• Computational and experimental evaluation of nanofluids in heating and cooling forced convection applications

      Strandberg, Roy; Das, Debendra K.; Peterson, Rorik A.; Johnson, Ronald A.; Goering, Douglas J. (2021-05)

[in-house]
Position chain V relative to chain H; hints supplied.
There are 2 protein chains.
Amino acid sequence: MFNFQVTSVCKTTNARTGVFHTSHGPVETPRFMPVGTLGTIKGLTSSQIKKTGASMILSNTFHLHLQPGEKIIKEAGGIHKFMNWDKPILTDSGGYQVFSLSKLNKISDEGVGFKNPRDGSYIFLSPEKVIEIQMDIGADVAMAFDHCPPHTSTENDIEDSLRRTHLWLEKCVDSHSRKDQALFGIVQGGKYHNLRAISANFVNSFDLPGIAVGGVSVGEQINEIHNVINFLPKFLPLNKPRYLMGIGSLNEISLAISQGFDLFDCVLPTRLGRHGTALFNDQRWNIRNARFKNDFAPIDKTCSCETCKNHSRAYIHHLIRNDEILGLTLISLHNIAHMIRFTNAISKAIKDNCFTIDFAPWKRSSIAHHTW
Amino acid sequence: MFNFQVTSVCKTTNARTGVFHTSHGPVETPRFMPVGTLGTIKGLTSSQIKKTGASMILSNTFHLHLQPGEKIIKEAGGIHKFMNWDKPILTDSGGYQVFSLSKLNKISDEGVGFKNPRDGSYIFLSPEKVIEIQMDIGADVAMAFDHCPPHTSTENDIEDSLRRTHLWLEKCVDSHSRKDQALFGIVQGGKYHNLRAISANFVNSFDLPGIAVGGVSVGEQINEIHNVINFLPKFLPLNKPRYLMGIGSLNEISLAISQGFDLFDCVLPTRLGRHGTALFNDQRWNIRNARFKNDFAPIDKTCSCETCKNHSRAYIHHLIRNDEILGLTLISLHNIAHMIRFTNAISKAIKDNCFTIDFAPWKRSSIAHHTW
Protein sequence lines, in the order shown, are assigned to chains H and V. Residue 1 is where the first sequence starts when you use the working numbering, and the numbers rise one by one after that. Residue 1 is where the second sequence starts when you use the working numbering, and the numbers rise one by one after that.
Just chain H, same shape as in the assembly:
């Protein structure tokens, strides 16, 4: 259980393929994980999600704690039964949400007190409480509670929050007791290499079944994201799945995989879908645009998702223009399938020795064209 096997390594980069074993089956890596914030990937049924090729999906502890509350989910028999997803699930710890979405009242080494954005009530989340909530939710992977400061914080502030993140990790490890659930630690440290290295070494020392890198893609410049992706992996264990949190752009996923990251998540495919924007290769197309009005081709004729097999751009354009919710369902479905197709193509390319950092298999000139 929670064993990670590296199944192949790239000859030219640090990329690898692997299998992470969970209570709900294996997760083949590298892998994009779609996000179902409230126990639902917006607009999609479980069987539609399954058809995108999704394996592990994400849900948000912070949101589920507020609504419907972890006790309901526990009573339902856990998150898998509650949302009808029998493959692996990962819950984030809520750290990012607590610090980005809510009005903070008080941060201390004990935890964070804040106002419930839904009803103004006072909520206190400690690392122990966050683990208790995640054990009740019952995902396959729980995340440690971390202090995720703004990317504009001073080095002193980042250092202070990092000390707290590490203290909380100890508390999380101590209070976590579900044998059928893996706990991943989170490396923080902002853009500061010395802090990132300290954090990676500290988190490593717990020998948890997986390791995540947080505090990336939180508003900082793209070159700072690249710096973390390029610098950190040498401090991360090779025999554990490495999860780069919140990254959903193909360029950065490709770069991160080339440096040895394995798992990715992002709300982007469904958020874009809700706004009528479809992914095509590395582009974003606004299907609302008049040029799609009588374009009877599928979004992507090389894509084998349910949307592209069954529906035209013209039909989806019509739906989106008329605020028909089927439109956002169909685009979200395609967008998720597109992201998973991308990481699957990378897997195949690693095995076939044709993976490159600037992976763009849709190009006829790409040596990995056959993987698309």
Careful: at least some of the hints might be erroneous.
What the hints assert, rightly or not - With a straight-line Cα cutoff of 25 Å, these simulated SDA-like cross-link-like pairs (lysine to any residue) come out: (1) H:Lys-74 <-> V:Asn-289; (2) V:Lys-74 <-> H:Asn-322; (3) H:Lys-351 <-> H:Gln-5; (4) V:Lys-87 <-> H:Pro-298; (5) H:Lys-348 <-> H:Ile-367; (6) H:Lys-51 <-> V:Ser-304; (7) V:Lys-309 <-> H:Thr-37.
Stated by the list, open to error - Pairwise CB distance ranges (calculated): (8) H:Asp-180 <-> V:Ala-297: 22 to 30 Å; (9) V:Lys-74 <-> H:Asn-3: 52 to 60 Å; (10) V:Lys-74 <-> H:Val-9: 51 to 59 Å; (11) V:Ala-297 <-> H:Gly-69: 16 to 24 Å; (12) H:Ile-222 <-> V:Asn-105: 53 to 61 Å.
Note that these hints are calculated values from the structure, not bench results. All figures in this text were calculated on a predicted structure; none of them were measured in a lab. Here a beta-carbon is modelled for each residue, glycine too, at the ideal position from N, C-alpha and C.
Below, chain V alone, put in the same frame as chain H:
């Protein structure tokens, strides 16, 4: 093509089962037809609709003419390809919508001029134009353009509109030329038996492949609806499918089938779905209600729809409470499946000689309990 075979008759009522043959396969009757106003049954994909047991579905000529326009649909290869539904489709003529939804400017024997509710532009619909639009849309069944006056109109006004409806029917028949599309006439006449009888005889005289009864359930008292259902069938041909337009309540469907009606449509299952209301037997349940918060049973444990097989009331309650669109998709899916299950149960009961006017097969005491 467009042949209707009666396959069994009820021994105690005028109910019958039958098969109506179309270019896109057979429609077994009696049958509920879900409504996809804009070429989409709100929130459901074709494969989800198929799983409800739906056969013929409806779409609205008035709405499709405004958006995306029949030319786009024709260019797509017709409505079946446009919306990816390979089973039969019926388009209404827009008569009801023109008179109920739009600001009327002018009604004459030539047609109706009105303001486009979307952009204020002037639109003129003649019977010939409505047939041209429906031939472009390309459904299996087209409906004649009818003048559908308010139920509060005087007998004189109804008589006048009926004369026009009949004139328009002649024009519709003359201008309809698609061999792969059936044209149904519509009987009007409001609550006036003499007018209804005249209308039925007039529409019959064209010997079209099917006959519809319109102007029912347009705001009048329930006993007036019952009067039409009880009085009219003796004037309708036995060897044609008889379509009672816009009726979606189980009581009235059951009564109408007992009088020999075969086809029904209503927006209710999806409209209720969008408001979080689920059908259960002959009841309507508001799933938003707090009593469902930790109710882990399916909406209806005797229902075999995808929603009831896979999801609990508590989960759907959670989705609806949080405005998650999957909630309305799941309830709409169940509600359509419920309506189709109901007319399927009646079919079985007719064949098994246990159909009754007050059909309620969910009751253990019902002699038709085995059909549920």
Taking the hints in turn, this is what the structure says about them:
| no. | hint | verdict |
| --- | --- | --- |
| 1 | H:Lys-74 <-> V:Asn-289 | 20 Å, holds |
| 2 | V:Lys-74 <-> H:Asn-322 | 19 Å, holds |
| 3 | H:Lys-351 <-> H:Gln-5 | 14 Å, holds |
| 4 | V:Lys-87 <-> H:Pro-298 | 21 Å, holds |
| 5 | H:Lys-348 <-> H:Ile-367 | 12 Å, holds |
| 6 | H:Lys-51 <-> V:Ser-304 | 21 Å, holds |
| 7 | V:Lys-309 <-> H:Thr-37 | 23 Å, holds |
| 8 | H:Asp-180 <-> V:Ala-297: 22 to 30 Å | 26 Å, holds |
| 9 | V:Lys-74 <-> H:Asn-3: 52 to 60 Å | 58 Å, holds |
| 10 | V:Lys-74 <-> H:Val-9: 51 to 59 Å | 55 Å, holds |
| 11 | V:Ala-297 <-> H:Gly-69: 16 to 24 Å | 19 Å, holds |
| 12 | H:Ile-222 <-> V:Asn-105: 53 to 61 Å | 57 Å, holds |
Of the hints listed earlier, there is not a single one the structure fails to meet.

The purpose of the research was to examine the heat transfer and fluid dynamic performance of various nanofluids in heating and cooling applications using empirical and computational methods. Two experiments were performed to characterize and compare the performance of a Al₂O₃/60% ethylene glycol (60% EG) nanofluid to that of its base fluid. In the first experiment, the nanofluid was comprised of Al₂O₃ nanoparticles with 1% volumetric concentration in a 60% ethylene glycol/40% water (60% EG by mass) solution to that of 60%EG in a liquid to air heat exchanger. The test bed used in the experiment was built to simulate a small air handling system typical of that used in heating, ventilating and air conditioning (HVAC) applications. Previously established empirical correlations for thermophysical properties of fluids were used to determine the values of various parameters (e.g. Nusselt number, Reynolds number, and Prandtl number). The testing shows that the 1% Al₂O₃ nanofluid generates a marginally higher heat rate than the 60% EG under certain conditions. At Re=3,000, the nanofluid produced a heat rate that was 2% higher than that of the 60% EG. The empirically determined Nusselt number associated with the convection inside the coil tubing follows the behavior predicted by the Dittus-Boelter correlation quite well (R²=0.97), while the empirically determined Nusselt number for the 60% EG follows the Petukhov correlation similarly well (R²=0.97). Pressure loss and hydraulic power for the nanofluid were higher than for the base fluid over the range of conditions tested. The exergy destroyed in the heat exchange and fluid flow processes were between 8 and 13% higher for the nanofluid over the tested range of Reynolds numbers. The objective of the second study was to experimentally characterize and compare the performance of a nanofluid comprised of Al₂O₃ nanoparticles with 1, 2 and 3% volumetric concentrations in a 60% EG solution to that of 60% EG in a liquid to air heat exchanger. In this experiment, the heating system was operated in a higher temperature regime than in the first experiment. As in the first experiment, the test bed used in the experiment simulated a small air handling system typical of that used in HVAC applications. Entering conditions for the air and liquid were selected to emulate typical operating conditions of commercial air handling systems in sub arctic regions (such as Alaska). In the experiment the nanofluids generally did not perform as well as expected based on previous analytical work. The performance of the 1% nanofluid was generally equal to that of the base fluid considering identical entering conditions. However, the 2% and 3% nanofluids performance was considerably worse than that of the base fluid. The higher concentration nanofluids exhibited heat rates up to 14.6% lower than that of the 60%EG, and up to 44.3% lower heat transfer coefficient. The 1% Al₂O₃/60% EG exhibited 100% higher pressure drop across the coil than the base fluid considering equal heat output. In the computational portion of the research, the performance of a microchannel heat sink (MCHS), similar to those used to cool microprocessors filled with various nanofluids and the corresponding base fluid without nanoparticles are examined. The MCHS is modeled using a three- dimensional conjugate heat transfer and fluid dynamic finite-volume model over a range of conditions. The model incorporates a fixed heat flux of 1,000,000 W/m² at the base of the solid domain. The thermophysical properties of the fluids are based on empirically obtained correlations, and vary with temperature. Nanofluids considered include 60% Ethylene Glycol/40% Water solutions with CuO, SiO₂, and Al₂O₃ nanoparticles dispersed in volumetric concentrations ranging from 1 to 3%. The flow conditions analyzed are in the laminar range (50£Re£300), and consider multiple inlet temperatures. The analyses predict that when compared on an equal Reynolds number basis, the 60%EG/3% CuO nanofluid exhibits the highest heat transfer coefficient, and the largest reduction in average base temperature. At an inlet Reynolds number of 300, and an inlet temperature of 308K the nanofluid is predicted to have an average heat transfer coefficient that is 30% higher than that of the base fluid, while the average temperature on the base of the heat exchanger is 1K lower than that of the base fluid. In contrast, the inlet pressure required for these entering conditions is 192% higher than that for the base fluid, while the required hydraulic power to drive the flow is 366% higher than that of the base fluid. The enhanced heat transfer performance potential of nanofluids comes at the expense of generally higher pumping power consumption.